Some municipalities have what is called a combined sewer. In a combined sewer, all or some of the water that is drained from storm drains flows in to the same sewer system where waste water from homes is deposited.
If you have this type of system in your area, a basement drain that's backing up may be a sign of an overflowing sewer system, a problem much larger than just your basement drains.
If, either due to damage or improper installation, a basement drain is not tied in to a drain system, a rising water table due to prolonged rain can cause backups through a basement drain. In some older homes, basement floor drains were little more than open slots that allowed water in the basement to flow down in to the soil under the house.
During periods of heavy rain, the opposite can occur, with water from the soil flowing into the basement.
Tree roots can easily damage and even collapse underground drainage systems. It is not uncommon for a tree that is seeking water to break open old iron or clay pipes, and cause a back up of the system.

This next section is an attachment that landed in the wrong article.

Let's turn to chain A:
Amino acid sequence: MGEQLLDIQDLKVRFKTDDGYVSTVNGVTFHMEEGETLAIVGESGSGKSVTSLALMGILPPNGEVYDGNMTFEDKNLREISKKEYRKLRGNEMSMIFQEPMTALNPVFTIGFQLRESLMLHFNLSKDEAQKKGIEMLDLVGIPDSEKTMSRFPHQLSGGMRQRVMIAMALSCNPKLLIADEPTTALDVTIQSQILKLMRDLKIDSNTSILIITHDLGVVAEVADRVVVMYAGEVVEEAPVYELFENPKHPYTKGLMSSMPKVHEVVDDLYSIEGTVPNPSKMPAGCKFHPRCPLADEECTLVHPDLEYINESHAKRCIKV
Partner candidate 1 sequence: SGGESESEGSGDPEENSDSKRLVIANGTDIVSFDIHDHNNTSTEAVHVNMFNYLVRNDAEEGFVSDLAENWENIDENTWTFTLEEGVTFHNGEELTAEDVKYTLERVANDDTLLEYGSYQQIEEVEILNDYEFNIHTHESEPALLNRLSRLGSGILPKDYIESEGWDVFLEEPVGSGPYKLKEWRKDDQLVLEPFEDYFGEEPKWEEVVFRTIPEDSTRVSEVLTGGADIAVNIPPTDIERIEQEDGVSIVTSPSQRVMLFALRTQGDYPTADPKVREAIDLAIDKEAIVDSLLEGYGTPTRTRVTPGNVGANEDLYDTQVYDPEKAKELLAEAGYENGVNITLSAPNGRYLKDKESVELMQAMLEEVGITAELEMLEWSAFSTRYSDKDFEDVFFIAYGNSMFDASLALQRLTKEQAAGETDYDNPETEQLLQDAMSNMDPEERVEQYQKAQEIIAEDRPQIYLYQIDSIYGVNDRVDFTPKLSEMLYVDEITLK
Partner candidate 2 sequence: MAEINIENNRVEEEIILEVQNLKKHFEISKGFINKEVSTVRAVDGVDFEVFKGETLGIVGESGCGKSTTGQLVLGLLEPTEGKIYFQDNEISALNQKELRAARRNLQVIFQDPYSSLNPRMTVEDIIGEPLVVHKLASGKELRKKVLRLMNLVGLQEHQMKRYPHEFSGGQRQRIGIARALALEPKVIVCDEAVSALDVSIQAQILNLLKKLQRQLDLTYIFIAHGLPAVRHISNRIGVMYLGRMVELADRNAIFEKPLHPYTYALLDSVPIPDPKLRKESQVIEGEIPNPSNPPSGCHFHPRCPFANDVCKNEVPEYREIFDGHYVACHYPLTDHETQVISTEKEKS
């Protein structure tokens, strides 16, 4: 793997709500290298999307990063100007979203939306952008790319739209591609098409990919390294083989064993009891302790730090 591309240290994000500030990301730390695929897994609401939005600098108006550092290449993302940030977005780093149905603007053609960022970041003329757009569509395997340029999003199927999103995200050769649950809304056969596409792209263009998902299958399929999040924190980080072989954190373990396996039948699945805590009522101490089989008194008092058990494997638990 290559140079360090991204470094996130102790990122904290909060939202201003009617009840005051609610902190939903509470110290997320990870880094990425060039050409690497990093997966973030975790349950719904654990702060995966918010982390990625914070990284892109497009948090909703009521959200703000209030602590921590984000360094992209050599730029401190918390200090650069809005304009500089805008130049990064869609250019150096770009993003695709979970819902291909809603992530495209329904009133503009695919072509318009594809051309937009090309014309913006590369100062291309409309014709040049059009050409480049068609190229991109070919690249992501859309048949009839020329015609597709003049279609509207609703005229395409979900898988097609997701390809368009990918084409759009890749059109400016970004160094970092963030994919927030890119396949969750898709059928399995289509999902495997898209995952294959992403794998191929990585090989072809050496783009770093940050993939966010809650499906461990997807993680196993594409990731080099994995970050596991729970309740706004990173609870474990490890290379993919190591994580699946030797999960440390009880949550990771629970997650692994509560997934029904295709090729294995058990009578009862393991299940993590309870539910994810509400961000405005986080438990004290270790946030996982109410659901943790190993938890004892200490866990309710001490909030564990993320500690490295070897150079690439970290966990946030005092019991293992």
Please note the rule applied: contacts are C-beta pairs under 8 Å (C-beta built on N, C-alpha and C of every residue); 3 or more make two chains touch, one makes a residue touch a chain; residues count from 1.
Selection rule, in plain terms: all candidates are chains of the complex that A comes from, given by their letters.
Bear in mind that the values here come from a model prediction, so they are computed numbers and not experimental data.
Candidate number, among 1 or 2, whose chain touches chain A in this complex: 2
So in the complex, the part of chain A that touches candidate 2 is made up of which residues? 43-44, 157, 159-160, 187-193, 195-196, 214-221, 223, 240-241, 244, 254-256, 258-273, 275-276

The tree roots clog the drain, and the drain in turn backs up and overflows when it rains. The long term solution is to replace the pipe, but the short term solution can be a simple snaking by a plumber with a professional grade plumber's snake.
Rising Water Table
The rising water table in an area experiencing prolonged rain can cause basement flooding. The first place water begins to pool is the lowest parts of the basement floor, which are typically where any drains would be installed.
If the drains are tied to the municipal sewer system, and that system is full from the rain, the perception can be that the drains are overflowing. The truth, in this case, is that they are merely not draining.
For these sorts of scenarios a basement sump pump drained well away from the house is recommended.